How to set yourself up for success in the coming year.
A new year is upon us. Most people make new year resolutions like joining a gym, going on a diet, etc. I’d like to share seven simple things you can do to get your new year started off right.
1. Go on some sort of fast.
Priorities and focus are more important at the start of a new year than resolutions that quickly fall by the wayside. You need to participate in some sort of fast from something you love to place your focus on God and make him your priority.
I’ve done short fasts, extended fasts, Daniel Fasts, movie and TV fasts, and most recently a technology fast. Since it’s not healthy for me not to eat due to some medicine I take, I recently fasted one month (30 days) from social media (Twitter, Facebook, Instagram, Snapchat … you name it) and all things technological. I was shocked to see how dependent (in a bad way) that I had become on them. Getting away from technology for a month allowed me to spend more time in Scripture, prayer and with my family.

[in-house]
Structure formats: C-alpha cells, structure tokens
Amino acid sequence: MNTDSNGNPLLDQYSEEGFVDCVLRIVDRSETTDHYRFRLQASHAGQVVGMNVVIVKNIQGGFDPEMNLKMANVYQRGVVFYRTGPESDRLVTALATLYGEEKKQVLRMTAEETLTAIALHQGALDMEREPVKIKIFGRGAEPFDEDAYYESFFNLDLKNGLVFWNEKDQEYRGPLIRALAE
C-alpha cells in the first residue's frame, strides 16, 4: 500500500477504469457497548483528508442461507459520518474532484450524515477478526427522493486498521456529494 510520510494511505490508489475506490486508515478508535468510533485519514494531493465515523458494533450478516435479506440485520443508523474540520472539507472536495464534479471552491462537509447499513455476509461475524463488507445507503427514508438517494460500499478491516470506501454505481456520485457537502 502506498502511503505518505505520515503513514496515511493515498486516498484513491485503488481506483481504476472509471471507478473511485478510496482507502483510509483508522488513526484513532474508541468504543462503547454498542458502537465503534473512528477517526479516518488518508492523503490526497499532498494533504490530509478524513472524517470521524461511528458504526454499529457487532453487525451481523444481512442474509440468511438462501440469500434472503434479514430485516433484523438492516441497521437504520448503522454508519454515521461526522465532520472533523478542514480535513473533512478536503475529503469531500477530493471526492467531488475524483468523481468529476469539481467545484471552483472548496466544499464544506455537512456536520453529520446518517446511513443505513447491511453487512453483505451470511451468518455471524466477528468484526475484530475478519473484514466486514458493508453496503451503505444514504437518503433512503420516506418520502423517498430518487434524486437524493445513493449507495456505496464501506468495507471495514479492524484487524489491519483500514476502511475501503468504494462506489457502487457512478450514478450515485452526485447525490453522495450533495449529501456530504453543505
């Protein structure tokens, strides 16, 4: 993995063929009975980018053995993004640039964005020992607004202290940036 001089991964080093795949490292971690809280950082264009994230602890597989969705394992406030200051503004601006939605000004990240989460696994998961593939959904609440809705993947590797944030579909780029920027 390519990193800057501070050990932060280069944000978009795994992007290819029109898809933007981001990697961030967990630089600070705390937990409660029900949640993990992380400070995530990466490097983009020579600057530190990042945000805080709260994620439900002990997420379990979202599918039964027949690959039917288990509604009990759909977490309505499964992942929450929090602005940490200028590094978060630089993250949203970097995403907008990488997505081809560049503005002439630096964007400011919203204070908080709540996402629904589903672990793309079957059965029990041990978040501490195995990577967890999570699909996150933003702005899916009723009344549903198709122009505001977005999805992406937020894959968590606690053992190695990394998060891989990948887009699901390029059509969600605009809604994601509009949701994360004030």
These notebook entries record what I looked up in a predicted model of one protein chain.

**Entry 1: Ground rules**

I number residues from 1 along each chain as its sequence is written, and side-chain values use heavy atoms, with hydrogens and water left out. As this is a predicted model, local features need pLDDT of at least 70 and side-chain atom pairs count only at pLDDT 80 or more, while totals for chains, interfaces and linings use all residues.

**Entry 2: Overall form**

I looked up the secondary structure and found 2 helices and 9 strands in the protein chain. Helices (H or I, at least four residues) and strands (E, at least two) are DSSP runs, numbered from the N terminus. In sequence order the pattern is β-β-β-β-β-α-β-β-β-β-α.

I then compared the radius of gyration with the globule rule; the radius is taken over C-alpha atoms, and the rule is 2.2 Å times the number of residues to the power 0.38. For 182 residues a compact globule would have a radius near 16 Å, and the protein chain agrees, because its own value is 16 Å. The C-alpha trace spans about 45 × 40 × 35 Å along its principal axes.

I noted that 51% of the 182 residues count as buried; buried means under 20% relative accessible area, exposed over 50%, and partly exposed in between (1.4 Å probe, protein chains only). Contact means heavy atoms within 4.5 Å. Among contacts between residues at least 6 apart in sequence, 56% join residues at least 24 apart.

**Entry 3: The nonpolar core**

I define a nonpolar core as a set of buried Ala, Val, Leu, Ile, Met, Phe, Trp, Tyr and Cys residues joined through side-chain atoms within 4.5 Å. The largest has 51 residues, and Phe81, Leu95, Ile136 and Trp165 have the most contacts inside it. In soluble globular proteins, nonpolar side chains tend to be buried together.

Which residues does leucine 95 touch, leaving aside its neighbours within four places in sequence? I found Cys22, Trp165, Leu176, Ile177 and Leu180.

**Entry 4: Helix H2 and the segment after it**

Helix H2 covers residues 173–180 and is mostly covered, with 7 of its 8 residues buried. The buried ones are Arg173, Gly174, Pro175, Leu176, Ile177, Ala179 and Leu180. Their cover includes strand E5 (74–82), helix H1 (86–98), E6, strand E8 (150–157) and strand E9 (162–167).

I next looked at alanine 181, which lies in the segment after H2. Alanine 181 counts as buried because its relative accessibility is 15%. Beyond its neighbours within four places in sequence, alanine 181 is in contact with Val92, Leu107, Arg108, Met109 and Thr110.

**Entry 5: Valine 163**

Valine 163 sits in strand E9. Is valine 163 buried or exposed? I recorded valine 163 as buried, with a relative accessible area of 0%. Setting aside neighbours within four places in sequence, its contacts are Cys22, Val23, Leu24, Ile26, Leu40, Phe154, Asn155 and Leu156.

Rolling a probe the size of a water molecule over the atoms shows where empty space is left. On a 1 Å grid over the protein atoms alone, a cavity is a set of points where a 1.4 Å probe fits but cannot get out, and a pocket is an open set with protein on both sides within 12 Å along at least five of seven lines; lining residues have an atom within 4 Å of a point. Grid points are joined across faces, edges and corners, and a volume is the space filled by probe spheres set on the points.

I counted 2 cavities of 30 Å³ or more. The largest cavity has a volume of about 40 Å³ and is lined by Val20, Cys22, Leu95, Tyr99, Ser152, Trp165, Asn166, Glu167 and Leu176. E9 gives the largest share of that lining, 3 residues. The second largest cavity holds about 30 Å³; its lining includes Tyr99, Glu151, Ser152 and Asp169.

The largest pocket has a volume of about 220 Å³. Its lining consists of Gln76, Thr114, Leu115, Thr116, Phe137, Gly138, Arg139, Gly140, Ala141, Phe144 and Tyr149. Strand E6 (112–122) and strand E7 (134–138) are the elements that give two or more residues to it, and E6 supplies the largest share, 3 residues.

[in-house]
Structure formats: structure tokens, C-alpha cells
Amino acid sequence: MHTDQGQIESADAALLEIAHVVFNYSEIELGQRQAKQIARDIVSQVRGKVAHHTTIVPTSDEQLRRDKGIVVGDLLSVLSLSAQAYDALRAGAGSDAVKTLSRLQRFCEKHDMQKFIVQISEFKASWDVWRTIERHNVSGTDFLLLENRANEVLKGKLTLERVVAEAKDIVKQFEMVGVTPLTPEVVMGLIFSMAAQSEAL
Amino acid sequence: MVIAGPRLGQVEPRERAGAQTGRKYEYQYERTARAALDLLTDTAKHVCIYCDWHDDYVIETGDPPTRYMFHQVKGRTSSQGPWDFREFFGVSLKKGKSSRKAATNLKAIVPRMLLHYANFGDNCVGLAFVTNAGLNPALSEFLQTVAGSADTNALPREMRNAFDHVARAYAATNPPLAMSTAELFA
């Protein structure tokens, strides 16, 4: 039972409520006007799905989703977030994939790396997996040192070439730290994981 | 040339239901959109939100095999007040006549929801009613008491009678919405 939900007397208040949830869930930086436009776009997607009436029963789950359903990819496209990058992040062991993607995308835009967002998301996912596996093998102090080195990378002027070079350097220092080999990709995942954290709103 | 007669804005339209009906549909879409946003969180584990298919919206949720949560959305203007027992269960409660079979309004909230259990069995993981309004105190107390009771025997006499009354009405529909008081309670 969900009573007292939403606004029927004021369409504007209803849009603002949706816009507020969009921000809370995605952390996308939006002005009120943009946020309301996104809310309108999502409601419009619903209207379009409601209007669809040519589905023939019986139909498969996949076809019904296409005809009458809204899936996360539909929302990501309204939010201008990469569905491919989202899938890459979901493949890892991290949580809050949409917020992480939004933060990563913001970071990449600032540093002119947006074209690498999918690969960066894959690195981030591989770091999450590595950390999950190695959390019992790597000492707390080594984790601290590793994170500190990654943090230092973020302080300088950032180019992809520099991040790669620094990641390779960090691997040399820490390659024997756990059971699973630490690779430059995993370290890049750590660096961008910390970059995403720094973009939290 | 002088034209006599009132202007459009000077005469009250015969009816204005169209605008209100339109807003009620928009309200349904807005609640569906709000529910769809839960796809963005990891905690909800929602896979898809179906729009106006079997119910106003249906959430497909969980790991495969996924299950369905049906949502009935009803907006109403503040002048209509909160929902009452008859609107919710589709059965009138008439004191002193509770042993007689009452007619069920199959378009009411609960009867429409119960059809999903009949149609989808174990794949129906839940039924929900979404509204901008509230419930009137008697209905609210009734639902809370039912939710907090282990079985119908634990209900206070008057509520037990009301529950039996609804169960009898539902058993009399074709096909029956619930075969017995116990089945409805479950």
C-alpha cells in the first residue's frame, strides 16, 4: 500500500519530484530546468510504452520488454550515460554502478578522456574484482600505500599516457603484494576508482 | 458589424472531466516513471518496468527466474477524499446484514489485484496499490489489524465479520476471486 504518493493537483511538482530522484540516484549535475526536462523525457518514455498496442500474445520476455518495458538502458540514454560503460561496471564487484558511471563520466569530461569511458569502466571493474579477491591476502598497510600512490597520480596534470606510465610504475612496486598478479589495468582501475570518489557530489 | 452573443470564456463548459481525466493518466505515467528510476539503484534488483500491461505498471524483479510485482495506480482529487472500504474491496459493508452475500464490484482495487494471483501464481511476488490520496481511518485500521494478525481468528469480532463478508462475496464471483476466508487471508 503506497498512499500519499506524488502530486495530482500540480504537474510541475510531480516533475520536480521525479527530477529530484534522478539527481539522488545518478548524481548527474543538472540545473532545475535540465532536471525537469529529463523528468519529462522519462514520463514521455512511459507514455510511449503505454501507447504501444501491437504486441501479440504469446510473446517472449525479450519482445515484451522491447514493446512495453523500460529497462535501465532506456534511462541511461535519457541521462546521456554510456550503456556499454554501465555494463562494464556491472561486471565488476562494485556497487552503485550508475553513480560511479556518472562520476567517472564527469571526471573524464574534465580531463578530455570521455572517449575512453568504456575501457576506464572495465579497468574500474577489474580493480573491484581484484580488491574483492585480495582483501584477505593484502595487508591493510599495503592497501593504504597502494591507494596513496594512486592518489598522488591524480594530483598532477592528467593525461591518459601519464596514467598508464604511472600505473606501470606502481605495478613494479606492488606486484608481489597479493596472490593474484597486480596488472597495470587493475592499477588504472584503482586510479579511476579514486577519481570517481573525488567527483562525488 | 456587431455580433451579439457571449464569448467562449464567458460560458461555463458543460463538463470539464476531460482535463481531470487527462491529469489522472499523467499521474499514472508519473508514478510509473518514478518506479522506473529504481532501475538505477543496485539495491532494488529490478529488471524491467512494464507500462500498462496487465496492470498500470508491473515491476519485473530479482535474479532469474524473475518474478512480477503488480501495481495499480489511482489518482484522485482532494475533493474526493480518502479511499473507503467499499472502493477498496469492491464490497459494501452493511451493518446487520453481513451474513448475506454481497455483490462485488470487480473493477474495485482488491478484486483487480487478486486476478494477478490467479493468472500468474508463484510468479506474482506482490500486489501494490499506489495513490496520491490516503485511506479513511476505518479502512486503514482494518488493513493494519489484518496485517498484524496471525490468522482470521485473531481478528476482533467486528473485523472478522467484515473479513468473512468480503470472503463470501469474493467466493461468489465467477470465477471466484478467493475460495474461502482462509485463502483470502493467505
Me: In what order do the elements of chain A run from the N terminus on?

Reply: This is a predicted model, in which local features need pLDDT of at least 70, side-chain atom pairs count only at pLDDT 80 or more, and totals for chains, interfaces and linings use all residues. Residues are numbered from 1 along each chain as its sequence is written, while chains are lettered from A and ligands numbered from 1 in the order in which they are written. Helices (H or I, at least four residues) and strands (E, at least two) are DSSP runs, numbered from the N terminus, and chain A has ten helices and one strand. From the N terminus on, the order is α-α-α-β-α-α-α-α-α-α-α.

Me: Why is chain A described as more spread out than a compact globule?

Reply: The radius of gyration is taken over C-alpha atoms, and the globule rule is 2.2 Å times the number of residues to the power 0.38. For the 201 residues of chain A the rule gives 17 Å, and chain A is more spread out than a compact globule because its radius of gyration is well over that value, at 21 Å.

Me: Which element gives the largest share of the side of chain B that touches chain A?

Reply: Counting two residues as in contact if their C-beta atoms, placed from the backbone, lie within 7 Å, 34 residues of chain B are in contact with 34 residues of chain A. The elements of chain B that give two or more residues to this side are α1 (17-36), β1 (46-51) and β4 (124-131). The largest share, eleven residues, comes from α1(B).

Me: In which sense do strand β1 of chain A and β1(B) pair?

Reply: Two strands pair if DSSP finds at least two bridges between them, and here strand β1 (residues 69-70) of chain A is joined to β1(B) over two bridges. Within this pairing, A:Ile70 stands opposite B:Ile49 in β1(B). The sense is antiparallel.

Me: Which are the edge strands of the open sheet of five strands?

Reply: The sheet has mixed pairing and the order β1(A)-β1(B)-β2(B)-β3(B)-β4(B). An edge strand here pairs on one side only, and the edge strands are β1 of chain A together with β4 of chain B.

It also gave me a healthy perspective on social media. I found myself wanting to post the silliest things that had no business being on Facebook. When I returned to social media, I had a new purpose and perspective and started using my social media platforms the right way. For some of you, it may be easier to go 30 days without eating than without social media. If that is the case, you have a problem and an intervention is needed. I’m kidding. Sort of.
2. Get a watch.
While I was on my recent fast from social media and technology, I found one thing happening over and over: My iPhone was constantly in my hand. I was attached to it. I realized that I always had it out, in my hand and would look at it during meetings, mealtime and other rude and inappropriate times. I jokingly told my wife, “I just need to get a watch. Then I could keep my phone in my pocket.” Sure enough, while out of town speaking at a conference, I stopped in a shopping mall and bought a watch. Now my lunches, dinners, coffees and meetings are different because I’m not constantly checking my phone and appearing rude to whoever I’m eating or meeting with. Everything is going mobile and we need a healthy boundary and perspective for this technology.
3. Read a different kind of book.